Our hotel was the Impiana Cabana Phuket, the only hotel in Patong that is actually right on the beach. We really enjoyed this hotel, especially after roughing it at the Nest it had a nice infinity pool and tons of lounge chairs so you never actually had to go on the beach and deal with the hawkers if you didnt want to. Our room was spacious and had a sliding glass door that went out to the pool area. And, the lobby had free Internet access! (we hadnt had this since Bangkok). The whole place was definitely a respite from the tacky craziness of Patong. We take a walk on the beach, grab a quick dinner at one of the little beachfront cafes, and retire early.

Day 13 - Phuket (Patong)

This is a day of relaxation for us, so I get up early and race out to snag prime lounge chairs (Don wonders if this is necessary; I think of some of the Fodor postings I have read and assure him that it is. Isnt he surprised when all of chairs are gone by 9 a.m.? Yes, lots of German tourists). We forgot that our room included a breakfast buffet, so we go to one of the beachfront cafes for banana pancakes. Yum.

I book a 90 minute massage for the two of us, assuring Don that it will be of the Swedish variety (hes finding the Thai massages too tough for him). While pricey, the Impianas spa is gorgeous and we are thoroughly zonked out. We lie outside most of the day, even though the sky is mostly overcast.

We wandered around town a bit, looking for a restaurant before finally deciding to eat dinner back at the Impiana. Were glad we did, as the 7-course Thai meal we get is fantastic! And a good value 675 baht each (our alcohol bill doubled the price, however wine in Thailand is expensive!)

Up next: John Gray Sea Canoe tour, Hongs by Starlight
zinders is offline  
Nov 21st, 2007, 06:49 PM
  #55  
 
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loving it...finally some lux for the honeymoon
rhkkmk is offline  
Nov 22nd, 2007, 02:37 PM
  #56  
 
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HappyCheeseHead,

I wanted to encourage you not to fear a trip to SE Asia. I was last in Thailand in 89 & I am mildly handicapped & I went on a tour by myself.

This time, I am taking my WI born HappyBears husband next Feb/Mar. & my handicapped has progressed & we are spending 7 nights in Khao Lak (90 km. north of the IMO horribly overbuilt & touristy in 1989 Phuket), which has less crowded beaches & is closer to the Similan & Surin Islands (marine reserves), Phang Nga & many national parks. The Khao Lak Orchid Beach Resort is flat & accessible for me. The Baan Khao Lak Resort has 4 wheelchair accessible rooms, ramps everywhere.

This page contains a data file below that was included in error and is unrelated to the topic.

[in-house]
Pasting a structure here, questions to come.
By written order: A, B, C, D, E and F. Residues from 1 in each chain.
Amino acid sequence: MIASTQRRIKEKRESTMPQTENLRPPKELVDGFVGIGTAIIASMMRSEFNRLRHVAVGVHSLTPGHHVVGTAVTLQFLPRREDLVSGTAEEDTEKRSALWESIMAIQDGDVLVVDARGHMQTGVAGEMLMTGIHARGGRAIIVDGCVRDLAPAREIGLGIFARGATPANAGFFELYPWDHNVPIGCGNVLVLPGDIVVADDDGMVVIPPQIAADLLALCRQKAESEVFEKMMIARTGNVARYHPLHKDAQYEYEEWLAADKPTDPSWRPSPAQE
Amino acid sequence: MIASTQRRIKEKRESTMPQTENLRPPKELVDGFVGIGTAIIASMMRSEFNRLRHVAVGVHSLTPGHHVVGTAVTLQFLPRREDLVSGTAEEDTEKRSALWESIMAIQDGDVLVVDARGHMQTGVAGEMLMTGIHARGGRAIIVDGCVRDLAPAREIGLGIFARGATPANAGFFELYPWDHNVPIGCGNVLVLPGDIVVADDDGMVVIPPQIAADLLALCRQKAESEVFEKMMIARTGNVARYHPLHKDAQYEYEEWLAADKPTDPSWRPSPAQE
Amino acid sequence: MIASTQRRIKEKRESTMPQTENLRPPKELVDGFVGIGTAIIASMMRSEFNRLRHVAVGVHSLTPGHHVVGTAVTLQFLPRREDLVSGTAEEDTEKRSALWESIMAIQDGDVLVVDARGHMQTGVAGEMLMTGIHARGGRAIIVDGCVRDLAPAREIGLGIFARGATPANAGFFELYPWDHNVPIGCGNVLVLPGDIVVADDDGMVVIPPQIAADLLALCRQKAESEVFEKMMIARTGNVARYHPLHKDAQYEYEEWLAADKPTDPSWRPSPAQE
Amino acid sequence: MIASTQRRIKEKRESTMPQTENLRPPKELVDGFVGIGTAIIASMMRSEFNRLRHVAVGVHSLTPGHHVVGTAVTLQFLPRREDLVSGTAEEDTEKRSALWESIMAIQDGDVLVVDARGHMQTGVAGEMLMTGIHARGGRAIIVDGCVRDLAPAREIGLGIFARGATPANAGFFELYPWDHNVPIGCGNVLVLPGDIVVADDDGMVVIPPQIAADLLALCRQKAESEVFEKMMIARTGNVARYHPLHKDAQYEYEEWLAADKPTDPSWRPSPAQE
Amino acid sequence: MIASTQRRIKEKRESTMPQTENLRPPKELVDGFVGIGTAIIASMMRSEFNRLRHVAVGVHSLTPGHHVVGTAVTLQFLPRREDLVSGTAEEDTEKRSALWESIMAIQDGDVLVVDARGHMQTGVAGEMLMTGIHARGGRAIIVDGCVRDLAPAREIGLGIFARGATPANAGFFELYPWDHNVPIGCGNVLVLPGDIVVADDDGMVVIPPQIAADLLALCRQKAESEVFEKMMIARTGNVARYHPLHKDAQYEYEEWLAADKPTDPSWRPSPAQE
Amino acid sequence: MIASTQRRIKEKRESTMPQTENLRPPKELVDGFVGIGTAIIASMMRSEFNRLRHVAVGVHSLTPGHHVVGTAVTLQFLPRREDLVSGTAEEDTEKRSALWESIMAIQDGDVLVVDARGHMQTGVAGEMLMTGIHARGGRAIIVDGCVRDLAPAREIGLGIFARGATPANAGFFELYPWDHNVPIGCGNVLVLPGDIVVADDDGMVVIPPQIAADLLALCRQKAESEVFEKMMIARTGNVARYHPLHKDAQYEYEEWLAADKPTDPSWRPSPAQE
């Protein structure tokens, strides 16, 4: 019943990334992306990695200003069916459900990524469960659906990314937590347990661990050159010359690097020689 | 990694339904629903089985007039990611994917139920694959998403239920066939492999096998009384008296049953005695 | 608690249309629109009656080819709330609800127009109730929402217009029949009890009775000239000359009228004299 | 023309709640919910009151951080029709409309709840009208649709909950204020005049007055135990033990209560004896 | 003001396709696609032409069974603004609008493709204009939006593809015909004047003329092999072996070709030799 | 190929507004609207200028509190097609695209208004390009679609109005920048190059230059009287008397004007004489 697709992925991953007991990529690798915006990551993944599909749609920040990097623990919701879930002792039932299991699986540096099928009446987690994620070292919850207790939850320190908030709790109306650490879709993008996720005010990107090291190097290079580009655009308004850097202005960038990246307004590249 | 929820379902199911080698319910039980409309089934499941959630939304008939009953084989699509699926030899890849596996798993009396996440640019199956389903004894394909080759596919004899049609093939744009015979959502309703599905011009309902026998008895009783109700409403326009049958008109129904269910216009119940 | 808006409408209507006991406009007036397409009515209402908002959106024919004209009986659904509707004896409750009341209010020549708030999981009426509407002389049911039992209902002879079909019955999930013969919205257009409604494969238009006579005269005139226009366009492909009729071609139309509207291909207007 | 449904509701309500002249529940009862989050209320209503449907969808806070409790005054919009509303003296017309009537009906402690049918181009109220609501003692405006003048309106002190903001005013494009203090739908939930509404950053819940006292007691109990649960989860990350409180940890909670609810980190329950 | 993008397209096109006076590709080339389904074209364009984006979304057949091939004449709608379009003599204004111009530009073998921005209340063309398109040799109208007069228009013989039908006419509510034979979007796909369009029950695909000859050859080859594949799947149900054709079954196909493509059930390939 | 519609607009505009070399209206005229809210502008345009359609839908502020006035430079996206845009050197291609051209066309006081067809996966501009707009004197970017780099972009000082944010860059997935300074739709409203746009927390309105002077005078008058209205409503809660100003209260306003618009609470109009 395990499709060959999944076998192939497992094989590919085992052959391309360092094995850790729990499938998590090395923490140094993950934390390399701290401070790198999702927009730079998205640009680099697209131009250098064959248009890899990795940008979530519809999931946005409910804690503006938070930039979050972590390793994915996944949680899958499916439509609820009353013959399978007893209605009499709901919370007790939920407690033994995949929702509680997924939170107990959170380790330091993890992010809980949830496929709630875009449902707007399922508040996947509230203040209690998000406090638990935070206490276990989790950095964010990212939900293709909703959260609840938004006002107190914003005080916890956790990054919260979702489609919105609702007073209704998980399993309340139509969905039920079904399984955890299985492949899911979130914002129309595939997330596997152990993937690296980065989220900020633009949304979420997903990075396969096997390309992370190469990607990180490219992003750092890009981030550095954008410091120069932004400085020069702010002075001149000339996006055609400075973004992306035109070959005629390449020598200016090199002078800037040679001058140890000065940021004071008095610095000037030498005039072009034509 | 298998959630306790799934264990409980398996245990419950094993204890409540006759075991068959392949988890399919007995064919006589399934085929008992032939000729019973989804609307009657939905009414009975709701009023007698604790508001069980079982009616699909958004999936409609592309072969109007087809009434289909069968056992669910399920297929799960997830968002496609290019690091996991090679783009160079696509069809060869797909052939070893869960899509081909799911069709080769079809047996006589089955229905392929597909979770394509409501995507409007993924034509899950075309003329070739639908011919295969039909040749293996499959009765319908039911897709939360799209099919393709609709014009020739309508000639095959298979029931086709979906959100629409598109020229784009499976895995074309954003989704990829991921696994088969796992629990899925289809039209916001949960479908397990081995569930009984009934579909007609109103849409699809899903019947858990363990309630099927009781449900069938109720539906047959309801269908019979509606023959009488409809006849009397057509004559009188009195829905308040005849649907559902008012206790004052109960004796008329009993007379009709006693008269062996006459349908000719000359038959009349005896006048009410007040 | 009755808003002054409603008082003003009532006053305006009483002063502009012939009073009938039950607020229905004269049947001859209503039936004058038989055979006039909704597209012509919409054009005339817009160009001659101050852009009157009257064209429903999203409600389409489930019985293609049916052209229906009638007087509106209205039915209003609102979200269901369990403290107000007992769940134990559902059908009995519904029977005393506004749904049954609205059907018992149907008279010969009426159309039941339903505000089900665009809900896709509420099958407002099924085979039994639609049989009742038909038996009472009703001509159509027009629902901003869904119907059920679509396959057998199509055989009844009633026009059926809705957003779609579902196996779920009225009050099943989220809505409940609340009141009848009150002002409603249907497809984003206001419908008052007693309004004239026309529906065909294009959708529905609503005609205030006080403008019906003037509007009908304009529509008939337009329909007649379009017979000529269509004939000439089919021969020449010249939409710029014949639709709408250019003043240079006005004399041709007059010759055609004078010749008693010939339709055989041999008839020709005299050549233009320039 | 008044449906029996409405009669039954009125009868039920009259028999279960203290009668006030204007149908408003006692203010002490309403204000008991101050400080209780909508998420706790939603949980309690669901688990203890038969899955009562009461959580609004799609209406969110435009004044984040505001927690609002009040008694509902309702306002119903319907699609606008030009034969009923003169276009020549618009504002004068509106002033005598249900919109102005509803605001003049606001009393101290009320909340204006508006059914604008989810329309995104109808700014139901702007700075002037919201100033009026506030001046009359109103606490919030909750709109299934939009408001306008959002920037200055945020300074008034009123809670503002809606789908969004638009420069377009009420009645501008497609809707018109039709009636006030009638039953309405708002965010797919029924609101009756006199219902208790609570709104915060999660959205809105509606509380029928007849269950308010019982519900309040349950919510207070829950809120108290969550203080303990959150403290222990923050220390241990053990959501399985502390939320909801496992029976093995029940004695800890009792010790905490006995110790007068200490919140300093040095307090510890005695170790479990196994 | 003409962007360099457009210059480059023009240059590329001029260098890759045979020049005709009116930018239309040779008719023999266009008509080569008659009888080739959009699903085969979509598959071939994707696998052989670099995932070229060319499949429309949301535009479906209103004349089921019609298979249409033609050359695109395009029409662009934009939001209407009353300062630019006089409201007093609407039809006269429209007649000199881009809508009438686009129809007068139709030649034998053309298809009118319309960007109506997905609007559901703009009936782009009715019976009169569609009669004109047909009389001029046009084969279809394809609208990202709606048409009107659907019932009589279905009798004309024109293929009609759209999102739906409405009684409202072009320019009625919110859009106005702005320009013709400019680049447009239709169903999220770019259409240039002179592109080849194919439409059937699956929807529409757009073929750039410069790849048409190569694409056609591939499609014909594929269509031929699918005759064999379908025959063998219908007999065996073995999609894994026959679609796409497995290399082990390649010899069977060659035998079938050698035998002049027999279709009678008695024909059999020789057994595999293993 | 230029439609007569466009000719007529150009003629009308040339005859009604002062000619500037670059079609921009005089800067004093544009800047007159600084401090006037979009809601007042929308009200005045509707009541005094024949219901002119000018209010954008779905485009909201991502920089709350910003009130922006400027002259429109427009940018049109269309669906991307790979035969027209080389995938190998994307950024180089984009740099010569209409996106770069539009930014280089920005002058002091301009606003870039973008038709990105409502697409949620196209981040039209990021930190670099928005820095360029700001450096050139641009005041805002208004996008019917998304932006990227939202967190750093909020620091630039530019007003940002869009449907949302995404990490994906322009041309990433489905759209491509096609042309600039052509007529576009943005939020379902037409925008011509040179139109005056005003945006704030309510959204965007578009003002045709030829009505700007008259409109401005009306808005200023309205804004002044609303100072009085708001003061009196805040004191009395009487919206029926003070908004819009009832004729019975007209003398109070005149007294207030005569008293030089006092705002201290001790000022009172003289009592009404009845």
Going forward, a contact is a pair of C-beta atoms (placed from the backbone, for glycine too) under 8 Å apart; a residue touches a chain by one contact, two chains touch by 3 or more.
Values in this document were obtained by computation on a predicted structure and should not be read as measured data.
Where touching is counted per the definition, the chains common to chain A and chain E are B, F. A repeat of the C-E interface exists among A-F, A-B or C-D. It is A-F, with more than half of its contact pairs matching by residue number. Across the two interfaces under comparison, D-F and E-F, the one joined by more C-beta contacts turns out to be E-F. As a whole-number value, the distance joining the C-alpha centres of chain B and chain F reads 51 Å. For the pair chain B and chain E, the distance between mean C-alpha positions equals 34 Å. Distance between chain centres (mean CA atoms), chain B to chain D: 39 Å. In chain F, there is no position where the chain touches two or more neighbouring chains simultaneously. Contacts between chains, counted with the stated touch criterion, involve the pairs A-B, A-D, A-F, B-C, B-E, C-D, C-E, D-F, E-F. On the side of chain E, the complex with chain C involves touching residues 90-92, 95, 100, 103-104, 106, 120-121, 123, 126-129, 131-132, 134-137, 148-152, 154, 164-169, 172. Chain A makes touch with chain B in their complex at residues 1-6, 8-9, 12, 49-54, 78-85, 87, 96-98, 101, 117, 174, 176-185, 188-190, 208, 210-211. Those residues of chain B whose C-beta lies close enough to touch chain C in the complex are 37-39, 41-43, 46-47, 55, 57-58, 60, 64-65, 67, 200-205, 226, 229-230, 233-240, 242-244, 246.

Then 5 nights in Siem Reap... Raffles is not fully accessible, but I can manage it. The Sofitel is handicapped accessible (but IMO too big, too spread out w/o A/C in the walkways). I've asked our guide Leng Tek to hire a porter ($15 US per day) to push the wheelchair that we are borrowing from Raffles. On the day we go to Angkor Wat & Angkor Thom/Ta Phrom, he will hire a 2nd porter, so they can carry the wheelchair up & then carry me (I am petite).

So, stop worrying about being 'older'. If I can do it mildly handicapped & 53, you can do it.

Then we go to the Peninsula for 4 nights in BKK, two with Jerry (Tong's associate) one of which will be a day in Auytthaya. Jerry is bringing his uncle's lightweight wheelchair, as the Pen's is the old-fashioned heavy kind.

The difference between SE Asia traveling (I did China in 85 & Bali in 87) & Europe is, things don't always go as smoothly, there are giant bugs, it's hot & humid and you must be careful not to put your toothbrush under the tap & becareful not to drink anything that you do not unseal the bottle or can yourself. Personally, I never eat salads either, but that is just me. The sun is hellishly strong, so get a 45+ SPF for the face (Neutrogena Dry Touch) & a waterproof/sweat & rub proof sunblock for the beach (Banana Boat Sportsblock 30 or 50 SPF in the orange tube--the sprays so not work) & wear a hat, as the sun reflects off the water & can burn you even on a cloudy day.

I have never burned with the two above lotions-- during extended snorkel trips to French Polynesia 3x, Fiji & 2 in the Caribbean. BB Sportsblock will not melt & run into your eyes either.